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State's education fund gets record lottery payout

Sum still falls short of mandated 35 percent of profit

POSTED: July 28, 2014 12:33 a.m.

Benny Bennett picks out a scratch-off lottery ticket Friday from clerk Melissa Young at the BP convenience store on Thompson Bridge Road. Lottery ticket sales remain strong as last week the Georgia Lottery Corp. reported its largest single-year transfer to the state's education fund,

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The Georgia Lottery Corp. last week reported its largest single-year transfer to the state’s education fund, which supports financial aid for pre-kindergarten and higher education students.

The lottery’s $945 million transfer to the state for the 2014 fiscal year surpasses last year’s record by $17.6 million.

The total raised for education is now more than $15.5 billion since the lottery’s inception in 1993.

Legislation authorizes the lottery state’s payouts to education should be around 35 percent.

But the Georgia Lottery Corp. has not met that mark since 1997.

Last year, payouts to education totaled about 25.5 percent of revenue, and that figure remained unchanged in fiscal year 2014.

According to lottery officials, total lottery revenues in the 2014 fiscal year were $4.02 billion, with $3.7 billion in net proceeds.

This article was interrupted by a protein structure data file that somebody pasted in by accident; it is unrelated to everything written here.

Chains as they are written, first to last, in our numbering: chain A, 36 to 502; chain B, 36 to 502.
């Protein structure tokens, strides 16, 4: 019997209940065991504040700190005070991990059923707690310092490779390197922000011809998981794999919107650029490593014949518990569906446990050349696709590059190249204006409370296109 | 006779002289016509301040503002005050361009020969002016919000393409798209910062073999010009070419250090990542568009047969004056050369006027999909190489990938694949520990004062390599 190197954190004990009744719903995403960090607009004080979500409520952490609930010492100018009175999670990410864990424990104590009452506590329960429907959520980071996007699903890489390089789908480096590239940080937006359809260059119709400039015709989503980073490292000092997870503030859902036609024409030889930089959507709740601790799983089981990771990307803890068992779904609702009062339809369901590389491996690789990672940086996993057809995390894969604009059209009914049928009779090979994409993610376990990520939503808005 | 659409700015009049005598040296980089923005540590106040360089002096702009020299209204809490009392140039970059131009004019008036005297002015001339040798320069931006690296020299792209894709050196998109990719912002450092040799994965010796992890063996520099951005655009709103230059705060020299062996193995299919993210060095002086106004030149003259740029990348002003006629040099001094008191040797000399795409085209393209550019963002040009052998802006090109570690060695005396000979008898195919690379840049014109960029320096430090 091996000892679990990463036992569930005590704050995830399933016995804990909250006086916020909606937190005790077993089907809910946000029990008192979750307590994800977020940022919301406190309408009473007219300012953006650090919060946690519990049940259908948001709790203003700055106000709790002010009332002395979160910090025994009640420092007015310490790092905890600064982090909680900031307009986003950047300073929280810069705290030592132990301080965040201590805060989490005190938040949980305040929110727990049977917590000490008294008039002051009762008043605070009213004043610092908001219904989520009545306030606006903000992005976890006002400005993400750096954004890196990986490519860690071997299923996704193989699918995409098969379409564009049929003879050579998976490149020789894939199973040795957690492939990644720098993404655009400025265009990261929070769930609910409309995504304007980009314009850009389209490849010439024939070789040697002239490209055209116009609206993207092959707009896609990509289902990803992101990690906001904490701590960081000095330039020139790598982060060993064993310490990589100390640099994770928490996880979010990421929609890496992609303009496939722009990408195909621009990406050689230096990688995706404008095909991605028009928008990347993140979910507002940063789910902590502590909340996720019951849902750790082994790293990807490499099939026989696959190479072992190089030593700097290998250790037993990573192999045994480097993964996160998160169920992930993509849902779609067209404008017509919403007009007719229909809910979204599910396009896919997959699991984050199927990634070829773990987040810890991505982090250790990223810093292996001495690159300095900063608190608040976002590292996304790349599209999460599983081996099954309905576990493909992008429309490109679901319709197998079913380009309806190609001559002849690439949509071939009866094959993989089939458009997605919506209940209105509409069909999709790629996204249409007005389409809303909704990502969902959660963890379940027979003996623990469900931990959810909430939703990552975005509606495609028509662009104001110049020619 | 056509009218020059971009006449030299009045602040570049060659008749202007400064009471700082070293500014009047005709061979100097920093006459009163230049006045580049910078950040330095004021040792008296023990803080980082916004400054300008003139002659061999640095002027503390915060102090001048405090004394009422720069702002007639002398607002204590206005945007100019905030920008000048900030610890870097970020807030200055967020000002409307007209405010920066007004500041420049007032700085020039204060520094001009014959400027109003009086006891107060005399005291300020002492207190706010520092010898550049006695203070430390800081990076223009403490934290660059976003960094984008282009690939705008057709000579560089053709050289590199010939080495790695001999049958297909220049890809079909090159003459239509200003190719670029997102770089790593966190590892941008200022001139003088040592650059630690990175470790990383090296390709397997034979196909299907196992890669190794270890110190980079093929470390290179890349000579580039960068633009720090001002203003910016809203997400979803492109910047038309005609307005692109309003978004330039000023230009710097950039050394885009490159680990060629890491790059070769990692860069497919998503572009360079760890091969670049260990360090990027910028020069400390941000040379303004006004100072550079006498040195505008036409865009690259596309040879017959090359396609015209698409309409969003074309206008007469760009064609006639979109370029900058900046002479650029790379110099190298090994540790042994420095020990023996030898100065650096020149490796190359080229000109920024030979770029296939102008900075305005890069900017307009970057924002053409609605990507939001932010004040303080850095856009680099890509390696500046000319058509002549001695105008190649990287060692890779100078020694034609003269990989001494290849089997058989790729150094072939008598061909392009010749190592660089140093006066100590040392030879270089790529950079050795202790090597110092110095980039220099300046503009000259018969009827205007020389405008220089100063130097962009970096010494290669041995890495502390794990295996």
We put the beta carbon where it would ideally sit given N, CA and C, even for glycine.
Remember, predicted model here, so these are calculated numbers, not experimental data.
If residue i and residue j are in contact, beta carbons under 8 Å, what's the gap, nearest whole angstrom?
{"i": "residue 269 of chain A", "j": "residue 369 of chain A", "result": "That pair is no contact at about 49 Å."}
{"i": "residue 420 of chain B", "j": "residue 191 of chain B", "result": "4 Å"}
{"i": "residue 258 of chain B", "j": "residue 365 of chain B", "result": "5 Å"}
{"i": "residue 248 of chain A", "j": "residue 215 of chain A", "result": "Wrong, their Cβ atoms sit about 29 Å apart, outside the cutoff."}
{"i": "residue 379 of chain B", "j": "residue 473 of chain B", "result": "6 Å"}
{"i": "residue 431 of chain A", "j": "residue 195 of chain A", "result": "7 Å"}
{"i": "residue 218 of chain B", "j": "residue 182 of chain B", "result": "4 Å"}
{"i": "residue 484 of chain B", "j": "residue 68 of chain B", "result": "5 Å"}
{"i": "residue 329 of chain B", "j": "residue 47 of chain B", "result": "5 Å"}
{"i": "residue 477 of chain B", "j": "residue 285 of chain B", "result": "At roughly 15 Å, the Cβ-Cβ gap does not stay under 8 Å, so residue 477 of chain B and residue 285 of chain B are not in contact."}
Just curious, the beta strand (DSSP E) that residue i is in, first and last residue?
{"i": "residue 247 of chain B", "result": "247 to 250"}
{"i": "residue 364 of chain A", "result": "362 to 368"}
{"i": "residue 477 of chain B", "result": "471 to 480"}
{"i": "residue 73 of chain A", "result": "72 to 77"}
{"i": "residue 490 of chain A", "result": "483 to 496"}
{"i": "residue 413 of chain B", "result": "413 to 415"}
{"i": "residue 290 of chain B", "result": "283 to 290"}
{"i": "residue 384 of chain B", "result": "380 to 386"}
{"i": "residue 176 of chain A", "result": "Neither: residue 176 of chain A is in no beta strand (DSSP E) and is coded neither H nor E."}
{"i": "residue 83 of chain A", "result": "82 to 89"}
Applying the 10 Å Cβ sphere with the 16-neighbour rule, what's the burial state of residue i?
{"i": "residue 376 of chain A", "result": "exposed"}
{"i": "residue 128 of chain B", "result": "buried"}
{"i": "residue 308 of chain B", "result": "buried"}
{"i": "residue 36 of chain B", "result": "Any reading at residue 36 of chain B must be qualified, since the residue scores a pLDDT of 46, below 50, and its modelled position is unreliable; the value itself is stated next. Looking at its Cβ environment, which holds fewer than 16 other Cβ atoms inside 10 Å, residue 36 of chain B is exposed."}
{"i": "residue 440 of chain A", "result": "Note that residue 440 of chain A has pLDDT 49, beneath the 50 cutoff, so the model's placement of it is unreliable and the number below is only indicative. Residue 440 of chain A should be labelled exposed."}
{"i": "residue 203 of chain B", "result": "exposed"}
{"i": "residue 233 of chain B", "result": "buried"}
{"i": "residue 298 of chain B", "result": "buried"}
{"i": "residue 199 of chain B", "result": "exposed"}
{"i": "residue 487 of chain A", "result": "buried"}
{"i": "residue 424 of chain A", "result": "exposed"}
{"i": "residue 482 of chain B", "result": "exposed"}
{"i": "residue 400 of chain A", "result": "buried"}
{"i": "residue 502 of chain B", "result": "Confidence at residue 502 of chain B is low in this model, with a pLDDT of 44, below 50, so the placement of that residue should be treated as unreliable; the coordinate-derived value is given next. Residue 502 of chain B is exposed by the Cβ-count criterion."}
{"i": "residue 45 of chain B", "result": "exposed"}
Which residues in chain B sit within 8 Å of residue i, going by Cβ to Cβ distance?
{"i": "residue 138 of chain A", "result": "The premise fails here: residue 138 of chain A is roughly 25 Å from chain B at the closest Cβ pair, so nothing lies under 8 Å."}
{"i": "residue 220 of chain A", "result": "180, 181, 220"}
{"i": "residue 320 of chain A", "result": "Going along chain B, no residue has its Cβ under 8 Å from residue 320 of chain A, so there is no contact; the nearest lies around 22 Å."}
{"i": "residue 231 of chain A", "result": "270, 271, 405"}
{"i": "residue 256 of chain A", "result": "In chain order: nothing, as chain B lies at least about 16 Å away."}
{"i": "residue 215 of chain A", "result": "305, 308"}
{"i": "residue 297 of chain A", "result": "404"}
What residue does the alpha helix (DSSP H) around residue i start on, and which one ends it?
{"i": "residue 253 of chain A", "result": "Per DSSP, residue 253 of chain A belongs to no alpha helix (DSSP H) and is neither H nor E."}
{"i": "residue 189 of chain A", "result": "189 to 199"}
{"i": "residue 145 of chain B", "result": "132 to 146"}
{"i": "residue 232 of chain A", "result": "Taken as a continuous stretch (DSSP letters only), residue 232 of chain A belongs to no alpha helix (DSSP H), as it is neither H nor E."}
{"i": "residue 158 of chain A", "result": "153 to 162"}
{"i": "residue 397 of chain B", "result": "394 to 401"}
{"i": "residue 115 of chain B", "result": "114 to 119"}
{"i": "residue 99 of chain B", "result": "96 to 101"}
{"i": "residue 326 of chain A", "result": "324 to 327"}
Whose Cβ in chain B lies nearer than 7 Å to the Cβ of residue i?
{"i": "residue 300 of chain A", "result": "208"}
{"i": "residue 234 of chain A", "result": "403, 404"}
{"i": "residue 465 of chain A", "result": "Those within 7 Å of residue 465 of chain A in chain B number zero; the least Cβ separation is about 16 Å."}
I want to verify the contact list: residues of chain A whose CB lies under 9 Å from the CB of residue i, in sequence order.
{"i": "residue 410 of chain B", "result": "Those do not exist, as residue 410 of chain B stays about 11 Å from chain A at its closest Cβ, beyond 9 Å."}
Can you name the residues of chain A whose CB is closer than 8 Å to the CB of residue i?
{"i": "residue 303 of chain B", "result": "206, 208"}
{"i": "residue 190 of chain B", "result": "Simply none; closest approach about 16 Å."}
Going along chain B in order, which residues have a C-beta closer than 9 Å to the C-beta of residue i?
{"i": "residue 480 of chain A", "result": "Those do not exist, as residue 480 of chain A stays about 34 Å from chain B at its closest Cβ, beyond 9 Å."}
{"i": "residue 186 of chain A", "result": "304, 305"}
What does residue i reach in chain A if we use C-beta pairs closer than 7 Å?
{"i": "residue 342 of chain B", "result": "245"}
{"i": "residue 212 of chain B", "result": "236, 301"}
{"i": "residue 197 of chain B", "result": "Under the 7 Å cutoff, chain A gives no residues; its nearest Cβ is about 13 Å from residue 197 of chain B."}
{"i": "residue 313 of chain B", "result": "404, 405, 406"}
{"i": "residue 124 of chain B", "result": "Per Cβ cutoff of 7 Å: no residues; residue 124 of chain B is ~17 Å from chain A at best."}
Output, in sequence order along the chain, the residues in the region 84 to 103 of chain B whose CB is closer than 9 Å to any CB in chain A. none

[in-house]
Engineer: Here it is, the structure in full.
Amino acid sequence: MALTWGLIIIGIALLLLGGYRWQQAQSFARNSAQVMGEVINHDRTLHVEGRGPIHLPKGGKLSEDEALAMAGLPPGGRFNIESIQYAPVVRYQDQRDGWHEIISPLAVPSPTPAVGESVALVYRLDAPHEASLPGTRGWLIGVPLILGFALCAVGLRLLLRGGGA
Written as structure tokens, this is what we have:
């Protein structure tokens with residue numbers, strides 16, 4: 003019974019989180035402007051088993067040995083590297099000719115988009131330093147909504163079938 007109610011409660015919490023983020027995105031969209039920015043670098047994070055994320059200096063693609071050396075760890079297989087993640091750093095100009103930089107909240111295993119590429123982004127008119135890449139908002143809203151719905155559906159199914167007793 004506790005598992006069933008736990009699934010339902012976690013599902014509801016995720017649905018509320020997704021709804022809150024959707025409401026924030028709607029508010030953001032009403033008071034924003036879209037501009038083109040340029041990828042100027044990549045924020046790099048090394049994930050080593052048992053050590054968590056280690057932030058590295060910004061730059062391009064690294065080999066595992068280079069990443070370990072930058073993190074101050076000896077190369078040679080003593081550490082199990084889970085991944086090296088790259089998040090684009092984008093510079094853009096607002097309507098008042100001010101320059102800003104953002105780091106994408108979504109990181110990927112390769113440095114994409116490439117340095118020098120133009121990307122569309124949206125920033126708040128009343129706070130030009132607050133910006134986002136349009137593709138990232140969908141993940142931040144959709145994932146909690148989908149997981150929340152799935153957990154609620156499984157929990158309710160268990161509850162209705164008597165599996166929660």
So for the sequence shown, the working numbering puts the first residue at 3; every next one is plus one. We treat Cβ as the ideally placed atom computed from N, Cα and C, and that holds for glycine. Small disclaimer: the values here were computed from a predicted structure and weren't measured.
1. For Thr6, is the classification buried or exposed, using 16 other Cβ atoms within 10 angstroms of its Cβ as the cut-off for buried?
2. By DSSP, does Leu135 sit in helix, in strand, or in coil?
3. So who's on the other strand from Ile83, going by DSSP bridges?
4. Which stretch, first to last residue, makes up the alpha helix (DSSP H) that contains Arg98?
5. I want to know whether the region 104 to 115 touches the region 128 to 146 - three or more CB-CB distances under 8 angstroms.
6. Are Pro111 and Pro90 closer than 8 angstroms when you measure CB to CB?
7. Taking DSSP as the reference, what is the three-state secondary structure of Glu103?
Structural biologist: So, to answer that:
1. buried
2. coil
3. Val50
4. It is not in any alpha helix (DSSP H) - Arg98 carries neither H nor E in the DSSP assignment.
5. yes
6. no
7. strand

Lottery officials say slashing prize payouts to grow profit decreases sales.

In Hall County, nearly 25,000 students have received HOPE scholarship and grant aid over the past 20 years, and more than 19,000 pre-K students have benefited.

In all, about $175 million has been distributed to Hall County students.

Brenau University reports 509 students were eligible last academic year for HOPE and Zell Miller scholarship and grants, and more than 70 percent of incoming freshmen are eligible for financial aid supported by the lottery.

Prize payouts to players in Hall County total nearly $519 million, and local retailer commissions total more than $54 million.

Melissa Young, who works at the BP convenience store on Thompson Bridge Road in Gainesville, said scratch-off tickets have become increasingly popular, while drawings such as the Mega Millions receive more interest the greater the payout.

Hall County resident Benny Bennett stopped by the store last week to pick up a few scratch-off tickets, which he said are his favorite to play.

Retailers who sell winning tickets often find that word gets out, and regular lottery players tend to gravitate toward stores with a track record of success.

Young said Fridays are often the most popular days to play the lottery because large cash drawings are made over the weekend. Friday is also payday.

But despite the lottery’s successes, it remains controversial, namely because low-income people play more than others.

For example, a 2011 report in the Journal of Gambling Studies reports the "poor are still the leading patron of the lottery."

In 2012, Bloomberg Rankings reported Georgia lottery players spent the second-highest amount of their income on games.

And in 2010, Georgia residents spent an average of 1 percent of their income on the lottery.


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